To Aaron Boruhov’s question on when new cameras are going to be installed, Harrison replied that this process will take a little time, but she will talk to the city’s authorities before the end of the investigation to take emergency measures for preventing new arsons.

  • As I understand it, Boruhov said, these are different cameras from those that Karen Koslowitz had talked about.

Dorothy Mahlab came to America as a little girl from Iraq. She remembers the times when ads [and signs] with racist and anti-Semitic statements – “Jews and dogs are not allowed to enter!” – were quite common; she tried to calm down her Bukharian contemporaries at the meeting.

  • It’s not the worst time for Jews in the country, she said. The time will pass and everything will become clear. I want to assure you that we, your neighbors, came here not only to share your pain and express our sympathy, but also to do as much as possible to prevent that from happening again.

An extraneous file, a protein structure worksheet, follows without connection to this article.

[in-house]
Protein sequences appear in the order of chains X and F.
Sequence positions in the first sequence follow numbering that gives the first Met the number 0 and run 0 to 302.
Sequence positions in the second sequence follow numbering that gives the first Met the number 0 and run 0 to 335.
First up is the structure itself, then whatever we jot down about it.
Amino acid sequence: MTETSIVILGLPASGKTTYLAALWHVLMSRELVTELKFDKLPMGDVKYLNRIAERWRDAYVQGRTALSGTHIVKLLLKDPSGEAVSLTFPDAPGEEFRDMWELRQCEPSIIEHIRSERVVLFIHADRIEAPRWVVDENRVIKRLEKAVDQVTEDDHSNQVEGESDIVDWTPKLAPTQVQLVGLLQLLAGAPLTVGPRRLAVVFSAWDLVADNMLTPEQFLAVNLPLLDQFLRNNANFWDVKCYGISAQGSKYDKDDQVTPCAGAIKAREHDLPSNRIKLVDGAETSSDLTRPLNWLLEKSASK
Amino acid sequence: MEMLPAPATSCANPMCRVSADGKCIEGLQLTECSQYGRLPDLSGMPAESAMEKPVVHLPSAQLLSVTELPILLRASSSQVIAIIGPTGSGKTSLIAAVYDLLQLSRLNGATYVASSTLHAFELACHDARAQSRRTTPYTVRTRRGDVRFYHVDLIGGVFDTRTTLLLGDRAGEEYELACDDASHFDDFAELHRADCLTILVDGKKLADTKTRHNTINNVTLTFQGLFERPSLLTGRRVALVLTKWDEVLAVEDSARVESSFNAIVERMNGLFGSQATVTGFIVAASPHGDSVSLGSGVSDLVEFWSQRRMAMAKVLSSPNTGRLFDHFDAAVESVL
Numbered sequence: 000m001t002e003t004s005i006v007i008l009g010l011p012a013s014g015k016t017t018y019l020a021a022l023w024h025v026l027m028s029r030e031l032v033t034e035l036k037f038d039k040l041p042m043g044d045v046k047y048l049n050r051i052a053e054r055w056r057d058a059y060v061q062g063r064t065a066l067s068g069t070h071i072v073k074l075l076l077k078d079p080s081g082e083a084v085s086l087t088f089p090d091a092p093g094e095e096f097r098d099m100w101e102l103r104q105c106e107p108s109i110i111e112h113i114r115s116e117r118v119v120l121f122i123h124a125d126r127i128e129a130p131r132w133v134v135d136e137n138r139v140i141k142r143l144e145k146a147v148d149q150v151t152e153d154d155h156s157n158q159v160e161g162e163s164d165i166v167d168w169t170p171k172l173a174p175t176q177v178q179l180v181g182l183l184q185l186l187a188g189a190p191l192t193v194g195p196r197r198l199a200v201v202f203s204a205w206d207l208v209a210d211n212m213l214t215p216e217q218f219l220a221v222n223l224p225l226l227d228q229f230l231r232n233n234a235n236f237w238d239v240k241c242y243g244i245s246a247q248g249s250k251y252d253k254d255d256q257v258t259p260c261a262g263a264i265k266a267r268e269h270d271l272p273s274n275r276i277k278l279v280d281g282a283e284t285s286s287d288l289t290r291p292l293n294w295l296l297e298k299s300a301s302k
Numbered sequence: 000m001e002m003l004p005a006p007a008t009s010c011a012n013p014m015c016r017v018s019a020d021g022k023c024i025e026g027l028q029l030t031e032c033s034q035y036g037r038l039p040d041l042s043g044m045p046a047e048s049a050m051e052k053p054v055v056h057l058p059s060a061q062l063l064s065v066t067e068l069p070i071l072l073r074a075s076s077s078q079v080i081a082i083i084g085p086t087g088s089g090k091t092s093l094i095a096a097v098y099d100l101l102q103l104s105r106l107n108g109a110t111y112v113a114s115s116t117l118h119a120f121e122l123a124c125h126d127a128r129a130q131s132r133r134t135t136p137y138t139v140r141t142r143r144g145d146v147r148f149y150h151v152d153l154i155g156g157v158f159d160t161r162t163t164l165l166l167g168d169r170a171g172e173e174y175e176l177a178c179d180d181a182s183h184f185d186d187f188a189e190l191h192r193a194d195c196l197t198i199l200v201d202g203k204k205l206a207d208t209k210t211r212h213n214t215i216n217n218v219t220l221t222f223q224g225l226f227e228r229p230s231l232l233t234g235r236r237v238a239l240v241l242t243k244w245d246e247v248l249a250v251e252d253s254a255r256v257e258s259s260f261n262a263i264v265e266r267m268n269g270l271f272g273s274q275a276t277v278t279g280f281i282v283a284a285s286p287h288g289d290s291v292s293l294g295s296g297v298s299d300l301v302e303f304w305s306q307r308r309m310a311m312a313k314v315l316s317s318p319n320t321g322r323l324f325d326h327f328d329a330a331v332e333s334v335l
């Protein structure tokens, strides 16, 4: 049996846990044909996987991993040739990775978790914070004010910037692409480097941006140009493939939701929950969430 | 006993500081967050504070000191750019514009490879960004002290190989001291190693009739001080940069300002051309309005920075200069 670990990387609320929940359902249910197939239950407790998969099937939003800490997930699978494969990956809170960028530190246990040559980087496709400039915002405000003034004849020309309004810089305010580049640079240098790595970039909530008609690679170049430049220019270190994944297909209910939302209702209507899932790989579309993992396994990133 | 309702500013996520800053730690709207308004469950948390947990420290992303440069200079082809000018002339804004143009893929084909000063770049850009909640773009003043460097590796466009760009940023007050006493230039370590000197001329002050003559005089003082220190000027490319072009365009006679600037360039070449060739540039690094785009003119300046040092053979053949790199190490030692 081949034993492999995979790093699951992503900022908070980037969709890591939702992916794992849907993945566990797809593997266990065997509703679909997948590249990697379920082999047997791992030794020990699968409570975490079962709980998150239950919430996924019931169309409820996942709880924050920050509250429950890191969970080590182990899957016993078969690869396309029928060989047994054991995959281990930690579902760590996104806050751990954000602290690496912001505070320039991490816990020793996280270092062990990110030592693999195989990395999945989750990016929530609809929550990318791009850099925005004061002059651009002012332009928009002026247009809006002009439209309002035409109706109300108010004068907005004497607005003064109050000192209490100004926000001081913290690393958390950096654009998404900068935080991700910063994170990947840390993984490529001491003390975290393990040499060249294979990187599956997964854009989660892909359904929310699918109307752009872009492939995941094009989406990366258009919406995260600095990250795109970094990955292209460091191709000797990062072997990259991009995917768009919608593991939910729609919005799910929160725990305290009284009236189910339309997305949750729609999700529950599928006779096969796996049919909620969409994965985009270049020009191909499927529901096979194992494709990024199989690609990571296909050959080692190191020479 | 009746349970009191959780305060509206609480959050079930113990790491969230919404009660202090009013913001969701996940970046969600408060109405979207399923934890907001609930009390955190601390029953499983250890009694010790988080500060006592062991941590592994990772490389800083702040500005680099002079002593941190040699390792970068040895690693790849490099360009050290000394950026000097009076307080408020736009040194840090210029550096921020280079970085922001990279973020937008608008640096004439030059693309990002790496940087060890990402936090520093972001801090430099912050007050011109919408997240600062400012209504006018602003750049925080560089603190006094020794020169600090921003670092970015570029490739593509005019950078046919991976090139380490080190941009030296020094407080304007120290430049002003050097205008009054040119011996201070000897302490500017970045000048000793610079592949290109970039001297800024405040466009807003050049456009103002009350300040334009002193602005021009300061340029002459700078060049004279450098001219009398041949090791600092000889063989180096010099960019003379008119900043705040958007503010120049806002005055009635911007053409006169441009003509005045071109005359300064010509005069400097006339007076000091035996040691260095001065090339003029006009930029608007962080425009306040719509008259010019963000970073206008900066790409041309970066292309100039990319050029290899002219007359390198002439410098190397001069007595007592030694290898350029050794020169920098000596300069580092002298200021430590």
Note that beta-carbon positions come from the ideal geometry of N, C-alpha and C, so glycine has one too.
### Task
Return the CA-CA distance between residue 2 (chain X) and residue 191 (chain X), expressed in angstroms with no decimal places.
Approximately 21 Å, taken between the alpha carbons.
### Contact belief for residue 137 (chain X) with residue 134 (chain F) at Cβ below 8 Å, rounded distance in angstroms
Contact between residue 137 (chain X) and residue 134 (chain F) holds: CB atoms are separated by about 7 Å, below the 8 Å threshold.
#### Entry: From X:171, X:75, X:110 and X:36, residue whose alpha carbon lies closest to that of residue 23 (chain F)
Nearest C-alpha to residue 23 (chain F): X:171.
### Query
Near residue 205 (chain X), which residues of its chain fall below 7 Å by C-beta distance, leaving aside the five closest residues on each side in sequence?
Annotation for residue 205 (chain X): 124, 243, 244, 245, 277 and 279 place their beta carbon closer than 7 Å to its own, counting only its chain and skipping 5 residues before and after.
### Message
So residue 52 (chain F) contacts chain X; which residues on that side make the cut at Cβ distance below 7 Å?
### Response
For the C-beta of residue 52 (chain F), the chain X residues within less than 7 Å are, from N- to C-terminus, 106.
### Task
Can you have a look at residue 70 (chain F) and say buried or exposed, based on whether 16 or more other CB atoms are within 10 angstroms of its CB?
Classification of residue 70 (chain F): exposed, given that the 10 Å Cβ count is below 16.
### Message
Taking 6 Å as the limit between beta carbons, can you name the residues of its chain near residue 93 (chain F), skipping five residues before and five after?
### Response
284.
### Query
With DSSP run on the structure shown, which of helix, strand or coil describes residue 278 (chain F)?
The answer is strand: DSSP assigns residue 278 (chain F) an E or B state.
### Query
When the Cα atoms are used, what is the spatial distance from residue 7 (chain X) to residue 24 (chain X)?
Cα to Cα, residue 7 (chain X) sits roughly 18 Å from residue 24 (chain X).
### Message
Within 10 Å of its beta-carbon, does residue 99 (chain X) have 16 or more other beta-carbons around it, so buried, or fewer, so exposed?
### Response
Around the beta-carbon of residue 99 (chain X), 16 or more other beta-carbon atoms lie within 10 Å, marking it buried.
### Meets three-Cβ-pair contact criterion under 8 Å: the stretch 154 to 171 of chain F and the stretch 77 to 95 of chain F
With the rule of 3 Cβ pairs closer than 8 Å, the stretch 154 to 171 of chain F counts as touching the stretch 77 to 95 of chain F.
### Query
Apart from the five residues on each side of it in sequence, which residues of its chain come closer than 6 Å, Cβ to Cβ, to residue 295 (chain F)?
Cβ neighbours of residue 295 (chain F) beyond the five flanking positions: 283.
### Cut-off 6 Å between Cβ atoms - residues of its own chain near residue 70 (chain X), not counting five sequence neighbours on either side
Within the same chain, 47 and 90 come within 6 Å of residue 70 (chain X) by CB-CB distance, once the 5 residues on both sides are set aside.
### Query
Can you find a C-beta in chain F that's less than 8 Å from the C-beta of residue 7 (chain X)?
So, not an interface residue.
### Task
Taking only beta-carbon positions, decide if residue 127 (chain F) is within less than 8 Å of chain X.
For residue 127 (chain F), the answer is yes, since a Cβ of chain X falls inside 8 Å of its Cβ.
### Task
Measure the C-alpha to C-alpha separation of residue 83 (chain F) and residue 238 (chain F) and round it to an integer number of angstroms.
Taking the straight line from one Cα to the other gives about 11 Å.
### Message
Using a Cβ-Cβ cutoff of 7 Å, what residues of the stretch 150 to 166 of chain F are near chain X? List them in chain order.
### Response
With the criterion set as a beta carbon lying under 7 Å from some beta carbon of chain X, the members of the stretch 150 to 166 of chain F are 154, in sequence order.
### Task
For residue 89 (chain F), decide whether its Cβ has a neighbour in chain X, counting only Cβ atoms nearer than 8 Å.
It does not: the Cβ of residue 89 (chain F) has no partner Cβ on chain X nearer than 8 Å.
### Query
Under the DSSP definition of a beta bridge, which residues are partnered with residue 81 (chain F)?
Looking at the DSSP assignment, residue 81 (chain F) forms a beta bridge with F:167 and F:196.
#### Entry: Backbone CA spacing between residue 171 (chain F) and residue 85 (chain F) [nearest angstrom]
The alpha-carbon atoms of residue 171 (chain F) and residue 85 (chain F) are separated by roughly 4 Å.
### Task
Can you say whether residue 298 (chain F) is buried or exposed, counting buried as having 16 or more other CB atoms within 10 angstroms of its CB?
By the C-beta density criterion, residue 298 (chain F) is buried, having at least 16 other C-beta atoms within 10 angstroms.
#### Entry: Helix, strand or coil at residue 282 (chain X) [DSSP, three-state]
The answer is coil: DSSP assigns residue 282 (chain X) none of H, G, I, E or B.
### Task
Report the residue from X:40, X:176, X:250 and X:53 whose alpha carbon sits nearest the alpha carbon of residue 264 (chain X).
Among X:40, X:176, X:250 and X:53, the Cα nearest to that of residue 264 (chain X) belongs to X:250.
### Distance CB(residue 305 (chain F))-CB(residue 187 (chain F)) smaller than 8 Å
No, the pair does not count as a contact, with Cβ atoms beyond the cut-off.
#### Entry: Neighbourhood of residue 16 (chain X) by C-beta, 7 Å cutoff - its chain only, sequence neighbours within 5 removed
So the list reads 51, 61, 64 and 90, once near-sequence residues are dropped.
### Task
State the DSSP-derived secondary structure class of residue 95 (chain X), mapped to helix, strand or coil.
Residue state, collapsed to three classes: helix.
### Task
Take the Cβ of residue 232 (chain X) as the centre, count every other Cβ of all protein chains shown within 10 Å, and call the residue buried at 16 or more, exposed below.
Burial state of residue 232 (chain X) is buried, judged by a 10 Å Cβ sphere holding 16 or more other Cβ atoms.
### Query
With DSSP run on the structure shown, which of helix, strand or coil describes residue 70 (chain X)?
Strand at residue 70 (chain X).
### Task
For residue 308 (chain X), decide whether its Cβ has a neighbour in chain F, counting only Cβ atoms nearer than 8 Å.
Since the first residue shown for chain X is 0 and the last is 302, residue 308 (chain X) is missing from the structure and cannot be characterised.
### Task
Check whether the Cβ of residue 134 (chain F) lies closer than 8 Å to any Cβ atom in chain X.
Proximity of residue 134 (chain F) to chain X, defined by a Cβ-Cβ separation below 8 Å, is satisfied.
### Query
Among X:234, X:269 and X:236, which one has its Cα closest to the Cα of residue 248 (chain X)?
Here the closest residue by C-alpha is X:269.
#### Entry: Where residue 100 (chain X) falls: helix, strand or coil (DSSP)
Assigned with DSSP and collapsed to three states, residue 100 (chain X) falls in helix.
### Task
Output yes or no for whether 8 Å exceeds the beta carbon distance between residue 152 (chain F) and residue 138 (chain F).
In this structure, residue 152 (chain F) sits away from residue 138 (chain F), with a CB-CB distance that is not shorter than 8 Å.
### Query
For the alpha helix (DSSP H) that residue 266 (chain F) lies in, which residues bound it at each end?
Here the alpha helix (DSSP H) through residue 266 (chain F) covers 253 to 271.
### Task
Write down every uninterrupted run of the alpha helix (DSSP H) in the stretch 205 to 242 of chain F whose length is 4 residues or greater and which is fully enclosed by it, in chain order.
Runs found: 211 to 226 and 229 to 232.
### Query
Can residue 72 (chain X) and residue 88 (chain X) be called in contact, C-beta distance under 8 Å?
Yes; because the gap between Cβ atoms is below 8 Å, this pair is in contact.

The discussion finished with the creation of an organizing committee to coordinate additional safety methods in the neighborhood such as patrolling the area with a private security service and the installation of private cameras.

Aaron Boruhov has already started negotiating with different private security companies to determine the optimal one.

I met Haim Mitnizky – the manager of private security organization SafeZone24 –at the Bukharian Jewish Center on Dec. 3. He was invited to boost the security of the center’s building.

  • I am from Kiev and things you told me remind me of the horrific events that happened in Ukraine in the last century, he said. I believe that the Anti-Defamation League, the FBI and David Pollock from JCRC [Jewish Community Relations Council] could activate people and the community in the right direction to deal with this problem.